While reading Lord Jim, I realized how Marlow always remarks how he “cannot say he [has] ever seen [Jim] distinctly” (Conrad 169) and is “fated never to see him clearly” (Conrad 185). Jim is described as an “insoluble mystery” (Conrad 234) who “passes away under a cloud, inscrutable at heart” (Conrad 318). I thus found myself asking why the need for all this mystery and obscurity around the figure of Jim.
Perhaps, by making Jim out to be this enigmatic, ultimately unfathomable figure, it also elevates his status as “Lord”, a higher being we are never fully able to comprehend or know. The mystery surrounding Jim, and the inability to place/know him, is in direct contrast to the natives, who are easily identified/ labelled.
This is easily seen in Alfred Russel Wallace’s article, in the way in which he describes with such ease the “general character of the Dyaks” (Wallace 67) and comes to simple, stereotypical conclusions such as the “natives of tropical climates [having] few wants, and when these are supplied, are disinclined to work for superfluities without some strong incitement.” (Wallace 73). Here, Wallace’s power is in “knowing” the natives (regardless of its inaccuracy), the power to (in)scribe characteristics onto them, the power to write.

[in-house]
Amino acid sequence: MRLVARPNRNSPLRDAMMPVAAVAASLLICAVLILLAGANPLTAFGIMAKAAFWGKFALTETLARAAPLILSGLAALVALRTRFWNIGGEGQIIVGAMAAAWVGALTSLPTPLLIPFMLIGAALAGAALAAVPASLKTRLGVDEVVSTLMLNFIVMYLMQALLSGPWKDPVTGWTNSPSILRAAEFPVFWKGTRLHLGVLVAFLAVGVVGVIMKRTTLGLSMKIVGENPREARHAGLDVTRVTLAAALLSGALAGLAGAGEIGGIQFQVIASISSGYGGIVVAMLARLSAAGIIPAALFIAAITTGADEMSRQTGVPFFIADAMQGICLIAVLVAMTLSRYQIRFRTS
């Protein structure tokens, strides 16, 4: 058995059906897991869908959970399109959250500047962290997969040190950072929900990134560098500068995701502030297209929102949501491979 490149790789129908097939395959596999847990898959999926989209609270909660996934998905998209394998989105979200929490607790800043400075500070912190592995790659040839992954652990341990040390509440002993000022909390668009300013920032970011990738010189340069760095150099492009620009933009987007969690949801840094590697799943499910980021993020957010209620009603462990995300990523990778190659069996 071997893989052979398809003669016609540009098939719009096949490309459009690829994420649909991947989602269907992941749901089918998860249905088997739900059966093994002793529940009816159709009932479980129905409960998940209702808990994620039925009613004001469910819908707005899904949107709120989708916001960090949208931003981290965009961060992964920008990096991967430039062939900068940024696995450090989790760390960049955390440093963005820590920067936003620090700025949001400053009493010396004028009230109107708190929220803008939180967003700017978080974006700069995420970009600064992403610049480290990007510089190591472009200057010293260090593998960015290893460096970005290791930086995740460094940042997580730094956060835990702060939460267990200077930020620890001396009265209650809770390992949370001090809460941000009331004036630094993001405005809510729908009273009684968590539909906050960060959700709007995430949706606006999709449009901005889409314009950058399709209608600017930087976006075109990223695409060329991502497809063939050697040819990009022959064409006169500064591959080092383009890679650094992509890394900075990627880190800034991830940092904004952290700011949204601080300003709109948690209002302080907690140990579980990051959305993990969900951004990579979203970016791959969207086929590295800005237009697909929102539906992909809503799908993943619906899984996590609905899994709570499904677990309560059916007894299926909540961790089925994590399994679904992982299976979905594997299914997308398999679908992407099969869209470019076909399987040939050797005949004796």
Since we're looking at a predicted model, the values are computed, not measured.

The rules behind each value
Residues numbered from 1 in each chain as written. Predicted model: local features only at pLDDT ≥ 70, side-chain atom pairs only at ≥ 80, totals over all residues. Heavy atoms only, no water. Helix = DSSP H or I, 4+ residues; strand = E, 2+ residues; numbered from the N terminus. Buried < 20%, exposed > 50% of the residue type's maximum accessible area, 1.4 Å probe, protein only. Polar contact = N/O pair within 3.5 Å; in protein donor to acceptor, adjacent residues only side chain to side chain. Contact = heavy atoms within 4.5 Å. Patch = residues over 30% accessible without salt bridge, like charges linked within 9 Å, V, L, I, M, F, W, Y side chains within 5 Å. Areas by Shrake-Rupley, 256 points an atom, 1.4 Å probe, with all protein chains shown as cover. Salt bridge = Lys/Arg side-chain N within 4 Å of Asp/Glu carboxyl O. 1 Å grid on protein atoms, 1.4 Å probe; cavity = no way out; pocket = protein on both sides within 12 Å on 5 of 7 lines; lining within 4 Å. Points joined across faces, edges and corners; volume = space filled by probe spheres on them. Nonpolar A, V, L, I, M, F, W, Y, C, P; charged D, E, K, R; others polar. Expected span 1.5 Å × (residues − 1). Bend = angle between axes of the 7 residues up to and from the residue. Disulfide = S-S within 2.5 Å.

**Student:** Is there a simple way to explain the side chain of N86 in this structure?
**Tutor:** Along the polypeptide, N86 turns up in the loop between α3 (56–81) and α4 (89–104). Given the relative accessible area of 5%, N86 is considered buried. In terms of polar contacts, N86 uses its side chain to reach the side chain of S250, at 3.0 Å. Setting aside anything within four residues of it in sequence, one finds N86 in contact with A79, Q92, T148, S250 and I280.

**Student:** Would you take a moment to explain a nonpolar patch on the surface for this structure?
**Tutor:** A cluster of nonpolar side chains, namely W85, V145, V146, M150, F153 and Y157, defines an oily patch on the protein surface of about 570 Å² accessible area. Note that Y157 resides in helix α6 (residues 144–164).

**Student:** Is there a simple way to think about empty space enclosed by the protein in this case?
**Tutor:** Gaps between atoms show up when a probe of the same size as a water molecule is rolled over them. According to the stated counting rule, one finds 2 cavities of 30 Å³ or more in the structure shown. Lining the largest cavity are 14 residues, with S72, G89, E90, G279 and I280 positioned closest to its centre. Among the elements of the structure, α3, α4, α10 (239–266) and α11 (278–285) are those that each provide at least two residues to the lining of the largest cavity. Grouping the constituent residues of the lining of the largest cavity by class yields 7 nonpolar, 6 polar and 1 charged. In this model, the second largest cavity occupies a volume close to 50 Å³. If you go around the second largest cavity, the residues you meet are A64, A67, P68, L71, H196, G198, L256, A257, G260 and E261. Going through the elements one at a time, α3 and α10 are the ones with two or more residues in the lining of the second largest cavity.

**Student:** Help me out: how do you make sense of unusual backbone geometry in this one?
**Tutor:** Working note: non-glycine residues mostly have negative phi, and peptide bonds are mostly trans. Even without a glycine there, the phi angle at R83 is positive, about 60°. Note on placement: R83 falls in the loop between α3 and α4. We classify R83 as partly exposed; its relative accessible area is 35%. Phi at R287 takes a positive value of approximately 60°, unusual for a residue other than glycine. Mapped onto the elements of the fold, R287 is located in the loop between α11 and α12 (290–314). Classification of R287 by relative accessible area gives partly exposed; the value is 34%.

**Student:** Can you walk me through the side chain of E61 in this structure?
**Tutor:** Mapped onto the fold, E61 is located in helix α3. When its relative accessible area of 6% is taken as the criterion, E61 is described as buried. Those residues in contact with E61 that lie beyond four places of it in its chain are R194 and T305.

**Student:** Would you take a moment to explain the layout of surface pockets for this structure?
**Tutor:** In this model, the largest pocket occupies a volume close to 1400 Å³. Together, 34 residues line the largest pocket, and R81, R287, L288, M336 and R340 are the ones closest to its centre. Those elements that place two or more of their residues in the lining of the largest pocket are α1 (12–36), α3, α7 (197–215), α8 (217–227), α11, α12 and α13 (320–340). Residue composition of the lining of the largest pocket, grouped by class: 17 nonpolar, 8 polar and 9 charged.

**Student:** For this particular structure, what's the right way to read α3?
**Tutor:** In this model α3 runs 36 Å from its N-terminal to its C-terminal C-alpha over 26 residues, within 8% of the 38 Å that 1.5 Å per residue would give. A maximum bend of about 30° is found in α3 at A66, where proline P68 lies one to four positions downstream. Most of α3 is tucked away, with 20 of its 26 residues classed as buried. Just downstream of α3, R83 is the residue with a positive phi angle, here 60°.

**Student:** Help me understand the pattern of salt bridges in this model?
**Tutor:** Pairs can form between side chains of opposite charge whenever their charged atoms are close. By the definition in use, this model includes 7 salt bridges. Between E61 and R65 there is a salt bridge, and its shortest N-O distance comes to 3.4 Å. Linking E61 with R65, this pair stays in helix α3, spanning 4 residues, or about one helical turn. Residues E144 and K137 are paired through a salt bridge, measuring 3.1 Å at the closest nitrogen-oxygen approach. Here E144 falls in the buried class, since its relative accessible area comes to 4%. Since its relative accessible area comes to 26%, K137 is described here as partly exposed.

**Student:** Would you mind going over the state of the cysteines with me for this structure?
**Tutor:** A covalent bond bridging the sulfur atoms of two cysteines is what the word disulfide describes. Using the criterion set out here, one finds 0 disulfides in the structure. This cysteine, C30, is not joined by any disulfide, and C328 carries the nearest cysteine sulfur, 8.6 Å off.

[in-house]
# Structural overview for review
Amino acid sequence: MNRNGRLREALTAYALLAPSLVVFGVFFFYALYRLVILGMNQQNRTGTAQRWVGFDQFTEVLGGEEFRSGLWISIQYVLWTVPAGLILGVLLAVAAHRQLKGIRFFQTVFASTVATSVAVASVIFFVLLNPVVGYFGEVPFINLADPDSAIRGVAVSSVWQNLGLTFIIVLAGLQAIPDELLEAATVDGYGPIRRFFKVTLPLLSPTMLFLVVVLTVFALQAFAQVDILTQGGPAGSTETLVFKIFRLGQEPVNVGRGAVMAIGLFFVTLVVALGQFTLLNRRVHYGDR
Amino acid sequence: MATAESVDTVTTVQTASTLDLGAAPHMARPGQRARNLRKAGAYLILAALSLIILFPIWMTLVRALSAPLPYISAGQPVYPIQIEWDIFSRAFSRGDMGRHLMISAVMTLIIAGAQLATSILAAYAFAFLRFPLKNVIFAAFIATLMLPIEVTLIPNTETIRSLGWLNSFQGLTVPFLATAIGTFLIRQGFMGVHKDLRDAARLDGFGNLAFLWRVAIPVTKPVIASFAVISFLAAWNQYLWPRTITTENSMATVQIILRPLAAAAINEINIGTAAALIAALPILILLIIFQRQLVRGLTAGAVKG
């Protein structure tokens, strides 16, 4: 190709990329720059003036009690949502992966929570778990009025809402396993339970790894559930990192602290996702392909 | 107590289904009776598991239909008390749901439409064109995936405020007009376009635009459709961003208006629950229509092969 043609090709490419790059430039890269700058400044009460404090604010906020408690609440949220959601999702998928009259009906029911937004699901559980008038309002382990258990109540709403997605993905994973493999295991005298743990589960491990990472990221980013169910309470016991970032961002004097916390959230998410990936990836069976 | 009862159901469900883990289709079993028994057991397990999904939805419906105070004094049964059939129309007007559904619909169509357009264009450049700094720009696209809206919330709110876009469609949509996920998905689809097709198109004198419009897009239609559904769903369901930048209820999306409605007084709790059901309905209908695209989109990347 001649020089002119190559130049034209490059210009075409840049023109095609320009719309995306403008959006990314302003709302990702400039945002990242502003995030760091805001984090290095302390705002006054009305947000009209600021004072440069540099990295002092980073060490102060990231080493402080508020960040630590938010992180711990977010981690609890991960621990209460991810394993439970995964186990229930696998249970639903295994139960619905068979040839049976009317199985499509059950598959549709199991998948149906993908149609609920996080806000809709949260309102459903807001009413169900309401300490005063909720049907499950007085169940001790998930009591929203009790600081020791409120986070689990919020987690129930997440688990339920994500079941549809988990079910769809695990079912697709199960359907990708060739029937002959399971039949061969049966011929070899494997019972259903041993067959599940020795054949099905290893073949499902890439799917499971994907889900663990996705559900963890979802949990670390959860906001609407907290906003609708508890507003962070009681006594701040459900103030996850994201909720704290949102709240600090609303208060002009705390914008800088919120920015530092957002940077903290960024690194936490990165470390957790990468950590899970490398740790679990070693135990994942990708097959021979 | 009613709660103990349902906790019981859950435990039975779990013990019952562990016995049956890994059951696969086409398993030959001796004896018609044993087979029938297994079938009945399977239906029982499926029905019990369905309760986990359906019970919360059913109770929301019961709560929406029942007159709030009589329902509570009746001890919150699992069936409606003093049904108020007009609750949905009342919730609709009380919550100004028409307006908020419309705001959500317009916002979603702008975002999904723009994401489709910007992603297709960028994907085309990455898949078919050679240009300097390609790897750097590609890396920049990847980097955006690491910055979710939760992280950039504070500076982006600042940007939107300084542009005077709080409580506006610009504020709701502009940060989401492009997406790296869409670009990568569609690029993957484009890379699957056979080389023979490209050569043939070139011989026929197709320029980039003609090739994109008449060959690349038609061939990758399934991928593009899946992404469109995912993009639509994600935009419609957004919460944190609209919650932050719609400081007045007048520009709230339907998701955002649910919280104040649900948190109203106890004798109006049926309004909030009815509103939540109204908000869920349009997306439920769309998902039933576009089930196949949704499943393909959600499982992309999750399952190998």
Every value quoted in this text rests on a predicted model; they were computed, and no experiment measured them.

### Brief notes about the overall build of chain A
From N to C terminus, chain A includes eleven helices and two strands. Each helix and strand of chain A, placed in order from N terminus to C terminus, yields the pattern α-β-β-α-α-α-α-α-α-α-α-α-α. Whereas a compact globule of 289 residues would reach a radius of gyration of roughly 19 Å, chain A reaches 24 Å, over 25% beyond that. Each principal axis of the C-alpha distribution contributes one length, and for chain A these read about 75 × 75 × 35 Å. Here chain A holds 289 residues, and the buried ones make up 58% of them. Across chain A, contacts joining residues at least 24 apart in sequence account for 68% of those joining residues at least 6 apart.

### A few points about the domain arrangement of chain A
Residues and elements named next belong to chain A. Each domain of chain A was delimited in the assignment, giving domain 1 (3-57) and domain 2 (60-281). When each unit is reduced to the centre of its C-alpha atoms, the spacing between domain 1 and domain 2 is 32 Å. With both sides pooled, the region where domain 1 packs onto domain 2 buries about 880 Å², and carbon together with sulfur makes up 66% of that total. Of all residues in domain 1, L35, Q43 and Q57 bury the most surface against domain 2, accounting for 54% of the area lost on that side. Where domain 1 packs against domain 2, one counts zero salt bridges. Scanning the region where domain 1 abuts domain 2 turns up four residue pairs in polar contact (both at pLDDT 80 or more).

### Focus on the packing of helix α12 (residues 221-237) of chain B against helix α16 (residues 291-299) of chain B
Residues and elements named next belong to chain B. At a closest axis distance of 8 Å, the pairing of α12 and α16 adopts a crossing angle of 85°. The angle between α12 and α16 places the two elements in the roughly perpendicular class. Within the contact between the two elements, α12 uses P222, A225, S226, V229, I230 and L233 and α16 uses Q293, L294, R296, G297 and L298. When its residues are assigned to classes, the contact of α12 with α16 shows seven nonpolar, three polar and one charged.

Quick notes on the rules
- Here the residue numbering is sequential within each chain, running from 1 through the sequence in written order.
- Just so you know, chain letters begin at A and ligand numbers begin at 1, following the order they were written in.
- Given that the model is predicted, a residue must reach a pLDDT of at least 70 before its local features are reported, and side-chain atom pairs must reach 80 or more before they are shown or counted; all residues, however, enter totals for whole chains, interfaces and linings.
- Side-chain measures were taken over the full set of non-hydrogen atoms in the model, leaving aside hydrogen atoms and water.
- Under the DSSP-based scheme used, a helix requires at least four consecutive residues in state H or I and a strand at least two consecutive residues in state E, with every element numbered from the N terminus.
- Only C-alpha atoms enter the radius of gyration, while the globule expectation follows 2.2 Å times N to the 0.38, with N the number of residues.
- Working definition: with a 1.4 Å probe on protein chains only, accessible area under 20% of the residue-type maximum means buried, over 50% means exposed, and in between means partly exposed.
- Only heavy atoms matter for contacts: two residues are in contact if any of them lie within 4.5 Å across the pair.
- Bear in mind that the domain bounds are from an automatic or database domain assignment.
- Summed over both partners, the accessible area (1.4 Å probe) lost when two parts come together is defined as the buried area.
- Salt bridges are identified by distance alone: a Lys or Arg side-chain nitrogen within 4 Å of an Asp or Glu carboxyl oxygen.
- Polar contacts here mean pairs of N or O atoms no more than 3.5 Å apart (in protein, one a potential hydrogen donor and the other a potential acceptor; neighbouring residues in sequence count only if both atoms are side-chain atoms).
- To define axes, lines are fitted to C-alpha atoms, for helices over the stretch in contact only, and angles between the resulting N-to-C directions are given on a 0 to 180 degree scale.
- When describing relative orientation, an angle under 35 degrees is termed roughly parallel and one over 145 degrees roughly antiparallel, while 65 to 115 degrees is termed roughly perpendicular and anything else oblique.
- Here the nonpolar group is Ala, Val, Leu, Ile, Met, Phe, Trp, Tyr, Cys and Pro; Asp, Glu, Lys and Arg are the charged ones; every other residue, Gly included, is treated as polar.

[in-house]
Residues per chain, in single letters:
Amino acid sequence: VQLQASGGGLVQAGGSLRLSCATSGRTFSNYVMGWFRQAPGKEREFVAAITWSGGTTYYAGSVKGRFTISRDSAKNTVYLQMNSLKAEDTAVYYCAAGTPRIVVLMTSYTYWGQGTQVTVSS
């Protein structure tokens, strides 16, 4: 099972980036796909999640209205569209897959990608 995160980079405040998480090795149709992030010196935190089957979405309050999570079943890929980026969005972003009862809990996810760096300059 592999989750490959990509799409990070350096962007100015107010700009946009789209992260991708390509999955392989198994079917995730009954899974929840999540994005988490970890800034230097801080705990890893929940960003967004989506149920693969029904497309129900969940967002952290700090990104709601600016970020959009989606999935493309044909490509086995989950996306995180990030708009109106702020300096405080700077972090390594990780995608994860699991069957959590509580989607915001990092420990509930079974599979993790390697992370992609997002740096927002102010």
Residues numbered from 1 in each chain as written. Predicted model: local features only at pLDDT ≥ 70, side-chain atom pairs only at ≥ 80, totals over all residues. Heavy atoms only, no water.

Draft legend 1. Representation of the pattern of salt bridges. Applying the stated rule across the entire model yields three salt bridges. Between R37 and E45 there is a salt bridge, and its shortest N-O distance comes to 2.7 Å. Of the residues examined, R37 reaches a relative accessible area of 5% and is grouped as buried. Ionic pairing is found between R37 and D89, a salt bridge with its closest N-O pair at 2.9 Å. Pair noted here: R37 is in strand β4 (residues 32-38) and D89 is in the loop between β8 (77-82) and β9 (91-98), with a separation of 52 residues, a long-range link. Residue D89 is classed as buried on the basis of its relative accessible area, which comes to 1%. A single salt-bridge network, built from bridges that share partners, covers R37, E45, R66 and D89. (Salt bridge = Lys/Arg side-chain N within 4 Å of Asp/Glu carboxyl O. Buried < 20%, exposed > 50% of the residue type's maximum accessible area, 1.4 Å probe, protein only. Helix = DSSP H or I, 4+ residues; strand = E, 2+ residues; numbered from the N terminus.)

Knowledge is power, and conversely, the lack of knowledge renders one disadvantaged in the power balance. By positing the colonist as mysterious and unfathomable, in this case Lord Jim, it elevates his status as superior race, god-like and all-knowing, reinforcing the justification of colonization of the natives, who are in contrast, ignorant and easily “known”.